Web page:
Internal Client Accessing Internal Server Via Public IP Address

Discussion in 'Cisco' started by GeekMarine1972, Jan 15, 2005.

  1. Client machine is at say 10.0.8.3.
    Server machine is at say 10.0.8.4.
    Router is at 10.0.8.1.

    On router are two NATs.

    First nat states client machine should use pub ip of 64.64.64.4 when
    going to Internet. It works fine and client can access many public
    sites.

    Second nat states that a Public IP of 64.64.64.3 with port 80 inbound
    should translate traffic to 10.0.0.8.4 so that outside folks can access
    the website it hosts.

    Now, the question comes, it appears by default that the client cannot
    access the public IP of the server (64.64.64.1) for some reason.
    What's more odd is that the client can PING and TRACERT to the public
    IP of the server.

    Both client and server are in VLAN8.

    ip nat pool natpool 64.64.64.4 64.64.64.4 netmask 255.255.255.0
    ip nat inside source static tcp 10.0.8.3 80 64.64.64.3 80 extendable
    Blah
    GeekMarine1972, Jan 15, 2005
    #1
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  2. In article <>,
    GeekMarine1972 <> wrote:
    :First nat states client machine should use pub ip of 64.64.64.4 when
    :going to Internet. It works fine and client can access many public
    :sites.

    :Second nat states that a Public IP of 64.64.64.3 with port 80 inbound
    :should translate traffic to 10.0.0.8.4 so that outside folks can access
    :the website it hosts.

    :Now, the question comes, it appears by default that the client cannot
    :access the public IP of the server (64.64.64.1) for some reason.

    Unless you are using a policy map, NAT isn't done until after the
    output interface is chosen, because it isn't until then that it knows
    which nat pool to draw from. So your inside packet is going to
    head outwards because of the default route, hit the router, the router
    will send it outwards. Then the next hop outwards will
    see that the packet is destined for the public IP space and will
    send it back again, provided that it hasn't been configured to block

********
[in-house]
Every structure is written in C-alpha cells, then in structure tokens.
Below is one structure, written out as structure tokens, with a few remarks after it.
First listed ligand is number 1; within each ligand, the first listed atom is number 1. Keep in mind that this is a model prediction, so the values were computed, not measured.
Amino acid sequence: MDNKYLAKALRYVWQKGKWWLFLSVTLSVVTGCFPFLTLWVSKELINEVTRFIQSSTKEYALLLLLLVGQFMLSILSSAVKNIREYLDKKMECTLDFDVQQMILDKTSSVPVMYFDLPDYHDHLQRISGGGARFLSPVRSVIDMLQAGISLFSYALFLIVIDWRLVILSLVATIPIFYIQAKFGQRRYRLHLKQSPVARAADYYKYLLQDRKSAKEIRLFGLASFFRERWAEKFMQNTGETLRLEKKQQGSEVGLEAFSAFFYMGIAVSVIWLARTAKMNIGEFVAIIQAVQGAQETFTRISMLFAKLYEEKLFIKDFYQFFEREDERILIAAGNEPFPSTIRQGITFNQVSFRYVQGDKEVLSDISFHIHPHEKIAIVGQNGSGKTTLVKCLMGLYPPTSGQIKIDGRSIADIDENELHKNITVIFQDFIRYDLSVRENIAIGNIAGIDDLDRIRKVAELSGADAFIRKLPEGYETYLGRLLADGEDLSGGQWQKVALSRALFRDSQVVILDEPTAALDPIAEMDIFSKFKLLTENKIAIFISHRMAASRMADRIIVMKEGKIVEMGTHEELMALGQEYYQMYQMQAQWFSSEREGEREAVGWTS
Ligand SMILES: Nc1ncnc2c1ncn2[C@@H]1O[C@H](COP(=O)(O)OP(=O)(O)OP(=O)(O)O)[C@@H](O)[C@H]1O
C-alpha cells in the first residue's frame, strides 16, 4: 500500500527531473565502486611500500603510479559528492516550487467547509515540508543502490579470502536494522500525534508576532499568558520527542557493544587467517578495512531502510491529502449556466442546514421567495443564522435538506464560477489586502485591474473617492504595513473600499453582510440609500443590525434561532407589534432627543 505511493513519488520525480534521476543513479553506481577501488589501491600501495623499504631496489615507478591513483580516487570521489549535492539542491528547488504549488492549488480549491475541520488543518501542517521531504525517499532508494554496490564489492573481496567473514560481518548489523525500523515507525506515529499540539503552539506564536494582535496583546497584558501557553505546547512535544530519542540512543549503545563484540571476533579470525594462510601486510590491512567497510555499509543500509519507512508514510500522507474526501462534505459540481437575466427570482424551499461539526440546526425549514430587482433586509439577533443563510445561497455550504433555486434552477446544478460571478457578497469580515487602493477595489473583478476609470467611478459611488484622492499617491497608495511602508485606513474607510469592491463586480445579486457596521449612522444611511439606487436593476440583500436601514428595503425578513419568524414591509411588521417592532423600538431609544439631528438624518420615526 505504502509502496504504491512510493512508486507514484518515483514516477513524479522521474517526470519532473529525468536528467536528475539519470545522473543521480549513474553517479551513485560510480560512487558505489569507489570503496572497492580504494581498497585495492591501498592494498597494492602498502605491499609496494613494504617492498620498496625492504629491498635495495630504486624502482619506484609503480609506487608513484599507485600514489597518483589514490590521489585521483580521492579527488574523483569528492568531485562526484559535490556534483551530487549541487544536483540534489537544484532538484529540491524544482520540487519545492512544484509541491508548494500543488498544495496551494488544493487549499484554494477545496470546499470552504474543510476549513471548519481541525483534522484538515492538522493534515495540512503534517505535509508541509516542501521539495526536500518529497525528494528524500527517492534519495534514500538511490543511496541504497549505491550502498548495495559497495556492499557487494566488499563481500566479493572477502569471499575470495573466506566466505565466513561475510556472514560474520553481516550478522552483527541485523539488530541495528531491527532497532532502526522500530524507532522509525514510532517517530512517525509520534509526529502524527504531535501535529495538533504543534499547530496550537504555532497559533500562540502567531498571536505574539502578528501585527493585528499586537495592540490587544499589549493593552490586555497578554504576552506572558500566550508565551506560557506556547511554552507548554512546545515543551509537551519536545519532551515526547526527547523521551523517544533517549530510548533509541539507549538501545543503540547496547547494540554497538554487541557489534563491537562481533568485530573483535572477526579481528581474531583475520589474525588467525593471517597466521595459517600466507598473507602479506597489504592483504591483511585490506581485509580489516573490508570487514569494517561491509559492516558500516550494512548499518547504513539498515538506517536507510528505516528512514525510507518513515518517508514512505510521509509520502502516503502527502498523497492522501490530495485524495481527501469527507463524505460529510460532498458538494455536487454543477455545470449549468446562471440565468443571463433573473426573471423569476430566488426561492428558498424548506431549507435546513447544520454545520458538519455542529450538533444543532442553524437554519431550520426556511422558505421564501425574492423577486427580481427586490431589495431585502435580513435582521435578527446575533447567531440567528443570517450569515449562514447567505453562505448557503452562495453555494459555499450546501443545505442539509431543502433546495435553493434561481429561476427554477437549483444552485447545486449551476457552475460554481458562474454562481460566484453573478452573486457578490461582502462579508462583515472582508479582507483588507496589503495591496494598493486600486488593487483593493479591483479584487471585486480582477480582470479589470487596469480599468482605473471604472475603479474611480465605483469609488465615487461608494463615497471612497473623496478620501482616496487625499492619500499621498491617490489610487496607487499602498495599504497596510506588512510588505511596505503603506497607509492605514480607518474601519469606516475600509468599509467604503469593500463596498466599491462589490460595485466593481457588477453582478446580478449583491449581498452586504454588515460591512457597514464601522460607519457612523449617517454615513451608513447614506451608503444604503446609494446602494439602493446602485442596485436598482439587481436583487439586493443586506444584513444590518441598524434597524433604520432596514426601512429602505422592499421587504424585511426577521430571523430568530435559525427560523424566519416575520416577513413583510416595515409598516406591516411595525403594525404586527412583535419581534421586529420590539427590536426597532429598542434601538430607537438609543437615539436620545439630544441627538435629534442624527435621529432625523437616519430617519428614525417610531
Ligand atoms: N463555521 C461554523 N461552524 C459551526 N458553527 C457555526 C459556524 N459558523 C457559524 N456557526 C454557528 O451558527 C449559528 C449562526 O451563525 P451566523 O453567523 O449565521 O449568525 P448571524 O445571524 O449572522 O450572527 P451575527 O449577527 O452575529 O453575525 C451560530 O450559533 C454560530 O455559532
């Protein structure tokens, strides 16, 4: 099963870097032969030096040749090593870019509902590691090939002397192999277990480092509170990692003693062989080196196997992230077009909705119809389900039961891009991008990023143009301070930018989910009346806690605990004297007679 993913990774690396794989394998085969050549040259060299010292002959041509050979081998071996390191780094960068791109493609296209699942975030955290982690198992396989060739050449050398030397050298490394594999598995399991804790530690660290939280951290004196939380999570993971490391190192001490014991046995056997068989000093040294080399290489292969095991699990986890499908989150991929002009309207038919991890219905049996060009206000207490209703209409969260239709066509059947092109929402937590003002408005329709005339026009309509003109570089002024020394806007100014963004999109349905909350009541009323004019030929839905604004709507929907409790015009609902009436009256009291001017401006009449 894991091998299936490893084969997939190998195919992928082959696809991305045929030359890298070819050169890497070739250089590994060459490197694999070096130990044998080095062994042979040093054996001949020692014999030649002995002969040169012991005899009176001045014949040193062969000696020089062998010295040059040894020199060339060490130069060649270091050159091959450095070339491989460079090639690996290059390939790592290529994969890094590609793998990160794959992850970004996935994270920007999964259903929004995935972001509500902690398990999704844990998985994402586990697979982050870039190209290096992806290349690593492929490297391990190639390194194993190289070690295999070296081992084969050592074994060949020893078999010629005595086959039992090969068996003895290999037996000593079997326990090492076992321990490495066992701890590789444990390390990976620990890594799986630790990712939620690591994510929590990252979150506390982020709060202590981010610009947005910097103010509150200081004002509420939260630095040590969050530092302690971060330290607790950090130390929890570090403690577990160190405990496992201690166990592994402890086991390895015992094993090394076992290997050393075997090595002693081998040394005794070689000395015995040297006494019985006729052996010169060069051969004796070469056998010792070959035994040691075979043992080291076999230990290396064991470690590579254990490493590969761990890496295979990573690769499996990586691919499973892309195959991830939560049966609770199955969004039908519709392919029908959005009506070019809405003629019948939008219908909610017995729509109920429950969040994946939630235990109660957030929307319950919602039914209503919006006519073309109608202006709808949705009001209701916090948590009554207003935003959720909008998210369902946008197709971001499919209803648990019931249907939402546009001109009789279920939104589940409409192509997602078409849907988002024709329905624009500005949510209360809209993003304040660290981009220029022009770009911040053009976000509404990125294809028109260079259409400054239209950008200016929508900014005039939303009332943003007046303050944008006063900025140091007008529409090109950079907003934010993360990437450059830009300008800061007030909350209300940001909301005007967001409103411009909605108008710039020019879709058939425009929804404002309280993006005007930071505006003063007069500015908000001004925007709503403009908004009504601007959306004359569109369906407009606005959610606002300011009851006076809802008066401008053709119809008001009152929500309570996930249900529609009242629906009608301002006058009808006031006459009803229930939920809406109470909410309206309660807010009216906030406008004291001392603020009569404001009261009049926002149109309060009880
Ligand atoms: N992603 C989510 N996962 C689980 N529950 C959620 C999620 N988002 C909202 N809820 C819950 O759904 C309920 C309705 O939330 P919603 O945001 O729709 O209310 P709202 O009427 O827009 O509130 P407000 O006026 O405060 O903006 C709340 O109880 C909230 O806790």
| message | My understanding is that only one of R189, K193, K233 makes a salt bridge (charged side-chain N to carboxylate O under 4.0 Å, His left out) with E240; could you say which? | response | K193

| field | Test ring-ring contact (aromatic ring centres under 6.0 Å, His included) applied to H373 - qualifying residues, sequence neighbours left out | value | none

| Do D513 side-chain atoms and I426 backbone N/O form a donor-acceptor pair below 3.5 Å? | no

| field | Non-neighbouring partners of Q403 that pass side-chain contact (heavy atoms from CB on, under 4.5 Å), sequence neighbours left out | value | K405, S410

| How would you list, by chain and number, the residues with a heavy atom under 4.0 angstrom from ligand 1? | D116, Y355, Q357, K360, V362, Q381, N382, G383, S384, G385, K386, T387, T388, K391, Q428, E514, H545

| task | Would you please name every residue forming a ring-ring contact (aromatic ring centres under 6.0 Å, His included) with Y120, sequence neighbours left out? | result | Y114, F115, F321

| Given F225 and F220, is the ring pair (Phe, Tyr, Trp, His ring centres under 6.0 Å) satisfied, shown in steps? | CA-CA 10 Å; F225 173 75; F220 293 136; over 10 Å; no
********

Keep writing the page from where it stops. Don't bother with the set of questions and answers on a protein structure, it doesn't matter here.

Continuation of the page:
this possibility. The packet would be received at the router,
    which would then have to de-nat the destination and send it inwards.

    :What's more odd is that the client can PING and TRACERT to the public
    :IP of the server.

    When the packet heads outwards like that, if you have firewall
    protections turned on, the router is going to take note of the sequence
    number; when the packet with that same sequence number and destination
    arrives back, the statefull firewall would punt the packet.
    ping and Windows 'tracert' use icmp packets, which don't have sequence
    numbers, so a statefull firewall might not notice that the packet just went
    out.

    But you also have to ask yourself what the source IP address is during
    this process. If the client you refer to is using a public source IP
    that is not being translated as it goes outward, then if the router
    isn't doing stateful inspection, the packet that gets forwarded back
    inward will have the original public IP as the source IP. The server
    would go to reply to the packet, and would address the reply to the
    source IP from the packet -- an IP that we are supposing is internally
    routable in this instance. Because of the internal routing, the
    reply would go -directly- to the client, and the reply packet is going to
    have the internal IP of the web server as its source IP. ping and
    tracert are going to be happy with such packets, since they will
    look at the icmp echo-reply data sequence fields to know which user
    to pass the packet back to. TCP, though, is going to look in its
    state tables, see that it isn't expecting a packet with SYN ACK set coming
    back from that internal IP address towards the destination port, so
    TCP is going to drop the packet. In the case where the user had
    specified something that resolved to the internal IP, then the packet
    would have skipped the out-and-in-again hop (just an optimisation
    for this purpose): more importantly, the reply packet in this case
    would be from the same IP that the outbound SYN packet was addressed to,
    so the TCP stack would be able to match up IPs and would know where to
    deliver the packet.


    Anyhow, that's why you are having problems. What you should be
    doing is telling the users "Don't do that!" -- don't directly specify
    the web server by external IP address when they are internal.
    They should be specifying the web server by hostname instead.
    Specifying by hostname is not a problem because you have split DNS views
    configured or else because your DNS server is external and your
    router is configured to de-NAT the DNS replies that come back.
    Right? You have done split DNS views or DNS IP translation at the
    router, haven't you?
    --
    "No one has the right to destroy another person's belief by
    demanding empirical evidence." -- Ann Landers
    Walter Roberson, Jan 15, 2005
    #2
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